You can have it all but you will be exhausted!

There are so many books on how to get what you want as soon as you can without much effort. You simply “put it out there”, wherever there is, and voila it is manifested. Techniques include writing down your affirmation, imagining yourself doing it, and sharing it with those close to you. The later could be problematic because they will probably ask you if you did “it” until you want to avoid them at all costs.You also become at the mercy of those individuals who are hell bent to never address the possibility that you may not have the where with all to accomplish your affirmation, or a plan to execute it. Their primary goal is to endlessly cheer you on which leaves you feeling guilty and having a strong desire to throw them off a cliff.

Lately a few researchers in the field of Positive Psychology have begun to question the merits of thinking positive without a good dose of reality. After all I can write,” I am tall and thin” all I want, but I am short and somewhat pudgy and unless I put myself on a rack and reduce my calories it is unlikely to happen.

What seems to have lost traction is the idea that attaining a goal takes time and patience and the ability to assess ones strengths and weaknesses. The ability to tolerate frustration is also part of the process. Unfortunately “ the art of waiting has become less and less available in a society that loves instant gratification.

“ In the late sixties and early 1970s a psychologist Walter Mischel, then a professor at Stanford University, created a series of studies on delayed gratification. Children were offered one small reward provided immediately or two small rewards if they waited for about 15 minutes, during which the tester left the room and then returned. The reward was  sometimes a marshmallow, but often a cookie or a pretzel. In follow-up studies, the researchers found that children who were able to wait longer for the preferred rewards tended to have better life outcomes, as measured by SAT scores, educational attainment, body mass index (BMI), and life measures.”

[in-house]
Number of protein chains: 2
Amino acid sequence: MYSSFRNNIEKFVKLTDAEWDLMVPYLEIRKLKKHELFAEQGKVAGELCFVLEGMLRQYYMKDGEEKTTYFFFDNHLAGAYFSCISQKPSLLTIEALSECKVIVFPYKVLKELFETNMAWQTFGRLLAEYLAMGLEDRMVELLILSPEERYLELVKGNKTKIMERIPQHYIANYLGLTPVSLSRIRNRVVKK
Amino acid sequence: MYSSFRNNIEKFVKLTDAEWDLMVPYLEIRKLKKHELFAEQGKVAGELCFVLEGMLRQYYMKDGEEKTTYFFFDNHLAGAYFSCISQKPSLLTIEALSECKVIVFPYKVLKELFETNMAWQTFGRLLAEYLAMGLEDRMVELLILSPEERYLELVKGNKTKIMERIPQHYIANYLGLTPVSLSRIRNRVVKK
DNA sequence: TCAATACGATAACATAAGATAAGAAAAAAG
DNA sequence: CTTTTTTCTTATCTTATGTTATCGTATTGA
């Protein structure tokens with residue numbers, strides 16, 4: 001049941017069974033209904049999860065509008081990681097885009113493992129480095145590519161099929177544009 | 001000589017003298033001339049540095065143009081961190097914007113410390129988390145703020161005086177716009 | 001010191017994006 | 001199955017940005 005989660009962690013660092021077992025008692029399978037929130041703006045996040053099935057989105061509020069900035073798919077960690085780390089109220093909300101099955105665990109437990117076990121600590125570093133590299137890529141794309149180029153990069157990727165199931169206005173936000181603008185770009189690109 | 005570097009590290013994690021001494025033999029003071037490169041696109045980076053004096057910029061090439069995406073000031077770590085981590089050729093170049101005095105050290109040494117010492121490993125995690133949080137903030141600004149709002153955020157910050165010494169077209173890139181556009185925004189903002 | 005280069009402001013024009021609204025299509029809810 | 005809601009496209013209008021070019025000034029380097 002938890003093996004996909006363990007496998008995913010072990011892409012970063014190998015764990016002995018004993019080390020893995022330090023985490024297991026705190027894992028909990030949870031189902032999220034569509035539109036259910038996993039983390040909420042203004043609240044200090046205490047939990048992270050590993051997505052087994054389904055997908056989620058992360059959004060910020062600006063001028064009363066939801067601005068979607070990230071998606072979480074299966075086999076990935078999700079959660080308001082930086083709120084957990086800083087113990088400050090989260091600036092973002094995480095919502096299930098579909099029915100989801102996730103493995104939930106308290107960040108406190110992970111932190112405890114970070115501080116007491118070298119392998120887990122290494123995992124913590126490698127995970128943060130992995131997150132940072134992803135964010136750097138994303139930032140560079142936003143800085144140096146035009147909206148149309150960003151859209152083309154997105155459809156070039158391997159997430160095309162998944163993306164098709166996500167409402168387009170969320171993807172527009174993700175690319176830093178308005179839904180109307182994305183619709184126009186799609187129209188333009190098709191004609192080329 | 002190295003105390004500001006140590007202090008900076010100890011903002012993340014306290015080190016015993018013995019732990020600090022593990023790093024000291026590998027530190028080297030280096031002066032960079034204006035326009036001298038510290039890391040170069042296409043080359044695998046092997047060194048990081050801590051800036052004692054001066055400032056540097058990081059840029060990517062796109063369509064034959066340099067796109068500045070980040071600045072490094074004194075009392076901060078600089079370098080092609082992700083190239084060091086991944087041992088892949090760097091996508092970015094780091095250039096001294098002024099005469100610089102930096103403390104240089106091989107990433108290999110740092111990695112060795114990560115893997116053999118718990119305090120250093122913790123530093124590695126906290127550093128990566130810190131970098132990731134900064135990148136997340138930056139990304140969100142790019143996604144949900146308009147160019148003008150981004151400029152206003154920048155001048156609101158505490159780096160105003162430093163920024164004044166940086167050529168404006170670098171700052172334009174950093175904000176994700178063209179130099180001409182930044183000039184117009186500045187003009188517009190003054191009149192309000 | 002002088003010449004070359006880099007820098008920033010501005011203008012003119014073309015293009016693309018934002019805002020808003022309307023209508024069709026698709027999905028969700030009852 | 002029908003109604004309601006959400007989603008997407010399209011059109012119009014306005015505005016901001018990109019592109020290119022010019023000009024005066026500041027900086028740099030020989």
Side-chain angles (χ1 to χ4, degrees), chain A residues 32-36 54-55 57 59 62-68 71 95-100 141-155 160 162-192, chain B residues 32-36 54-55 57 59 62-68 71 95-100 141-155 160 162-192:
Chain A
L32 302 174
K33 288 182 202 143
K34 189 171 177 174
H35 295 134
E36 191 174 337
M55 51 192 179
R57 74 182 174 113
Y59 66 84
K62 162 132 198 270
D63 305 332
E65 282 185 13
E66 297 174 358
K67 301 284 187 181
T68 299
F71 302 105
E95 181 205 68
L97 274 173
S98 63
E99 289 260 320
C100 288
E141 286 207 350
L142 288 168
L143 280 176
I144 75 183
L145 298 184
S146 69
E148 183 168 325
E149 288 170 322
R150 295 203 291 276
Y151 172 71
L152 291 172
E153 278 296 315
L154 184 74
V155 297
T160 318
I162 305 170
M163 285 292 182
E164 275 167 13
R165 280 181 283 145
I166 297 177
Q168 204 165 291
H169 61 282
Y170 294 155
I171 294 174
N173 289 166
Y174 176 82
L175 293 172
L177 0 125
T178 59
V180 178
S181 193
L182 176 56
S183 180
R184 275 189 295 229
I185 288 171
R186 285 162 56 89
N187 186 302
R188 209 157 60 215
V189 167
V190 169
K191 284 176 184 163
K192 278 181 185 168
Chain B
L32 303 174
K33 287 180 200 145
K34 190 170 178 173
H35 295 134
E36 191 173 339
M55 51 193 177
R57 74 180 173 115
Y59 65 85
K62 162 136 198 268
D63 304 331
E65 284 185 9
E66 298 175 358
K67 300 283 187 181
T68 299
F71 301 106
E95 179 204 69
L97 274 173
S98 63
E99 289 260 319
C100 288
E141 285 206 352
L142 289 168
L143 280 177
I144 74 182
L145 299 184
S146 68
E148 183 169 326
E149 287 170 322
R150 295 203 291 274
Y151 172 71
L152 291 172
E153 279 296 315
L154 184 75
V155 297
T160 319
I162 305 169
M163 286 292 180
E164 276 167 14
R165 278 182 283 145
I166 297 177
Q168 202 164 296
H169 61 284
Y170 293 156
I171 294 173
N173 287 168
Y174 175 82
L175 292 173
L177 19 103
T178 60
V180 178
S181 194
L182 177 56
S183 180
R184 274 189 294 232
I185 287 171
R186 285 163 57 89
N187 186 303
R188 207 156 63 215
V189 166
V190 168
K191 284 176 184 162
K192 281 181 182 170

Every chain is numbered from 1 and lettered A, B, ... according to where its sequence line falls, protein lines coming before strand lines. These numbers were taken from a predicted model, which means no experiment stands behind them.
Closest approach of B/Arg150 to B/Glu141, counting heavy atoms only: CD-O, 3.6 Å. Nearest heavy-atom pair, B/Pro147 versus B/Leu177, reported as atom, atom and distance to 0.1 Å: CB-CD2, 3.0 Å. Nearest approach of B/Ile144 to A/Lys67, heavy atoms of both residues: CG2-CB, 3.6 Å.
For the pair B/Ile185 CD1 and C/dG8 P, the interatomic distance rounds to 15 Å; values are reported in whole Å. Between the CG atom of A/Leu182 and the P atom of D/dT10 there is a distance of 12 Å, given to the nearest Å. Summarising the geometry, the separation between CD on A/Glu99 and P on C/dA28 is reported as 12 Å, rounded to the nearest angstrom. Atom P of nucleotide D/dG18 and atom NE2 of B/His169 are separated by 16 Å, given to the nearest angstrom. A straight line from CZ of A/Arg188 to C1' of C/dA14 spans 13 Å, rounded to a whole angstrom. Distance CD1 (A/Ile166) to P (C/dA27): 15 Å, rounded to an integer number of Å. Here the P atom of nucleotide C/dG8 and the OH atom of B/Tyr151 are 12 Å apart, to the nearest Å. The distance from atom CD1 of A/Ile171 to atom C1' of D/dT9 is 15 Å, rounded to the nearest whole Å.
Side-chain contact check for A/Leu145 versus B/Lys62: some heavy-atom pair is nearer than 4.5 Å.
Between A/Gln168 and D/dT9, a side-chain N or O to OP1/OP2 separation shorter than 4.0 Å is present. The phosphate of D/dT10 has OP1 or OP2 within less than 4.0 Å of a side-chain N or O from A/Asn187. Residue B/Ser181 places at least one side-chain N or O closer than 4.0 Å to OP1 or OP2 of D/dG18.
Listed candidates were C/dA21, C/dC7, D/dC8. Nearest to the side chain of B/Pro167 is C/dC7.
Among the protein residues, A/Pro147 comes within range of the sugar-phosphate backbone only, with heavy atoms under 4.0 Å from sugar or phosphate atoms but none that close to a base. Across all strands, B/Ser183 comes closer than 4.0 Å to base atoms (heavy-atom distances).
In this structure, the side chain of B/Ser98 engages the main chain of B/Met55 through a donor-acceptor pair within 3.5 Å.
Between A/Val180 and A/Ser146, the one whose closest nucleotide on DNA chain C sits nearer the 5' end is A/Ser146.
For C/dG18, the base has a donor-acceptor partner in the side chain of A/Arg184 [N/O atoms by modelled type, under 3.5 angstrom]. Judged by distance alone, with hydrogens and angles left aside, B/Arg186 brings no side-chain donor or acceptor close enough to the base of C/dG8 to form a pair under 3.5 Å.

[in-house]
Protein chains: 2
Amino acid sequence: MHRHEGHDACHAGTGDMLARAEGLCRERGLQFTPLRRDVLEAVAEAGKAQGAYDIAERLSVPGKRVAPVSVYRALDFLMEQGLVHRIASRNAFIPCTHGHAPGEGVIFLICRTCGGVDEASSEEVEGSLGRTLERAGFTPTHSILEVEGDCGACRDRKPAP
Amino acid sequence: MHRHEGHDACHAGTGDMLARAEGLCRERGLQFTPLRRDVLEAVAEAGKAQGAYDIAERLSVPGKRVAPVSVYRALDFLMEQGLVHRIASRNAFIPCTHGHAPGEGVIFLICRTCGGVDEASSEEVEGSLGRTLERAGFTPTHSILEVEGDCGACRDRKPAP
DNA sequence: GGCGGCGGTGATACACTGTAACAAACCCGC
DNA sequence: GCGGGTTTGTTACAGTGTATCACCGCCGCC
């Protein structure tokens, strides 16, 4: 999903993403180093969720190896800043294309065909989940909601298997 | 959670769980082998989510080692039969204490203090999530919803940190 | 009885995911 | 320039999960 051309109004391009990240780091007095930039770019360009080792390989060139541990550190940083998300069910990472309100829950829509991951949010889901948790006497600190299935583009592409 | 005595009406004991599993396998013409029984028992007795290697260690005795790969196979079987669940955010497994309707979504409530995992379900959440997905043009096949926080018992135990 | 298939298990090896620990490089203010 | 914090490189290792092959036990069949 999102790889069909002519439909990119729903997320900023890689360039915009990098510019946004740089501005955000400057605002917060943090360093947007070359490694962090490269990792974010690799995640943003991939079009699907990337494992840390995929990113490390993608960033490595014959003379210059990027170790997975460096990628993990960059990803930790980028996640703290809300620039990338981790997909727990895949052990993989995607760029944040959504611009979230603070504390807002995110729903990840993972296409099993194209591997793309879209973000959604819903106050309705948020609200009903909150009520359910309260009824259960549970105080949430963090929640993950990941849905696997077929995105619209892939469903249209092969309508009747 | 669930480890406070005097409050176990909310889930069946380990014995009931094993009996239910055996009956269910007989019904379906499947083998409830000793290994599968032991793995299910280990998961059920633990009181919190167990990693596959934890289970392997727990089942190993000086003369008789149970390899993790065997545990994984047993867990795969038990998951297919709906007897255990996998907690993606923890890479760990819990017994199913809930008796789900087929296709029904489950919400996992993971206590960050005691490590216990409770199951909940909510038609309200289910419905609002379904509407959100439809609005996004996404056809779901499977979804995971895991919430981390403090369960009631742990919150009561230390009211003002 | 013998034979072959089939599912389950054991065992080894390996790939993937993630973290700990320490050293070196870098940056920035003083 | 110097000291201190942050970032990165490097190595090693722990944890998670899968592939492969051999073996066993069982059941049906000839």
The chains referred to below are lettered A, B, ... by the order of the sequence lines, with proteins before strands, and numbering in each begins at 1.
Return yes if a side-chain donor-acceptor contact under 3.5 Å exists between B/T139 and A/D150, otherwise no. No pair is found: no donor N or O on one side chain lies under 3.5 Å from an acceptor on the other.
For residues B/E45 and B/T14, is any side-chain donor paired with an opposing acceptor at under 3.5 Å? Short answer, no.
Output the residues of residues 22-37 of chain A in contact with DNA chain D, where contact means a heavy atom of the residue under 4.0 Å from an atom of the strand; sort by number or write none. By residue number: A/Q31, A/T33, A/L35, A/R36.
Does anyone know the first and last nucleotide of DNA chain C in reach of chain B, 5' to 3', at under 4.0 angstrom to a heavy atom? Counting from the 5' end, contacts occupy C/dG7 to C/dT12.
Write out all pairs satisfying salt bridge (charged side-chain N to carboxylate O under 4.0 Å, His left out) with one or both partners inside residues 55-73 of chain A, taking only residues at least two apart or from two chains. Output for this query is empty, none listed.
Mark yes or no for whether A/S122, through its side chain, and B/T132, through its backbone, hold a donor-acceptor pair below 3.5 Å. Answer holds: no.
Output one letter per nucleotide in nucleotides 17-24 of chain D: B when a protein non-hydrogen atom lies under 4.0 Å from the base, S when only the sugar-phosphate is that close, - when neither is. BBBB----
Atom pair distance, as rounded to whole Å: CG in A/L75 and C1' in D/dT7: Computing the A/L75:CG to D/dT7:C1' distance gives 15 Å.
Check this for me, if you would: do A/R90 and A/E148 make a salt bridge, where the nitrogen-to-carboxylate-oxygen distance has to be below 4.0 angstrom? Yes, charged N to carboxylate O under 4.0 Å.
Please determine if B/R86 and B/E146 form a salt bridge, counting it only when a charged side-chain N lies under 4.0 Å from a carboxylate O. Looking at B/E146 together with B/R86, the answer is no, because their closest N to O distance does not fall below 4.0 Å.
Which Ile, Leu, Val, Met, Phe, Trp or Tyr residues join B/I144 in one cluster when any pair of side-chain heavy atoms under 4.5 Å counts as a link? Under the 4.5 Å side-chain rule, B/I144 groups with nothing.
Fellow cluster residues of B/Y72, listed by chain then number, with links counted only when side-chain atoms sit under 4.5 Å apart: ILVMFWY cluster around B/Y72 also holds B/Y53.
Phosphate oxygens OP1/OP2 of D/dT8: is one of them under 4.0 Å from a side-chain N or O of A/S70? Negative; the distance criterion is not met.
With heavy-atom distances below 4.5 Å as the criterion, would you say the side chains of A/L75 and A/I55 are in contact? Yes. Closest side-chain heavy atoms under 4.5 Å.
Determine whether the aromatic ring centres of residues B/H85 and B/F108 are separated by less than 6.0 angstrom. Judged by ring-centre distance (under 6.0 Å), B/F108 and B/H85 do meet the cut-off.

Once again, I feel that the research simply defines what is obvious. If we can learn to enjoy the process of reaching our goals, our ability to be patient and our anxiety levels are reduced. So much of our culture is predicated on going from one task to another in a mindless fashion. Stress is at an all time high since the motto, “You can have it all” became part of our cultural dialogue. Having it all is exhausting! The ability to savor each step of our journey toward a goal is as important as attaining it and it is certainly less frantic.


Common Sense is Great Practical Advice

I firmly believe that a lot of stress can be handled with a big dose of common sense. However, what would seem to be an innate quality that every human being has available is practically ready for a spot in the Smithsonian. I have often mentioned to my literary agent that I would love to write a book on common sense. He always counters with “Nobody will buy it”! I guess that says it all. What was so readily available to my grandparents and my parents seems to have withered and died on the vine with each succeeding generation.

Today it seems that the smallest problem is blown out of proportion, sent out on some form of social media and regurgitated over and over until you feel like sticking a fork in your eye for relief.

I live in New England where the weather is like a game of roulette. You never know what to expect. Of course you do have a slight chance of being right sometimes, like the winter. Most often it’s cold and it could snow. But the newscasters act as if a week that drops into the 20’s is akin to discovering an ice cream stand on Mars. If snow is in their forecast they begin to cover it day and night as soon as the first snowflake emerges. A plethora of weatherman are positioned all over the state and especially near the ocean so that we can be scared silly with each succeeding wave. After all I’m definitely going swimming or boating on a frigid, snowy day. Aren’t you?

Then the stores start filling up with people buying the proverbial bread and milk, which I have always found ludicrous. If the lights go out and I’m hungry, I don’t think a piece of limp bread and lukewarm milk is going to do the trick. I probably would have some cheese, crackers and a glass of wine.

Of course the weather is just one piece of the pie. Food has become another lost cause when it comes to common sense. You have to be told constantly that too much fat and sugar are bad for you.You should really be eating your fruits and vegetables. My first grade teacher Mrs. Bernstein told me that back in the Neanderthal era.

We seem to have to be told to get up and move more too. One of my science magazines just had an article called “Sitting Kills”. Well, yes it does, especially if you never get up from the chair.

So here’s some practical advice. When or if it snows, make sure you have lots of carrots in the house, go outside without your coat for about five minutes since shivering burns calories, then go back and sit in your chair, knowing that you just might live a little longer.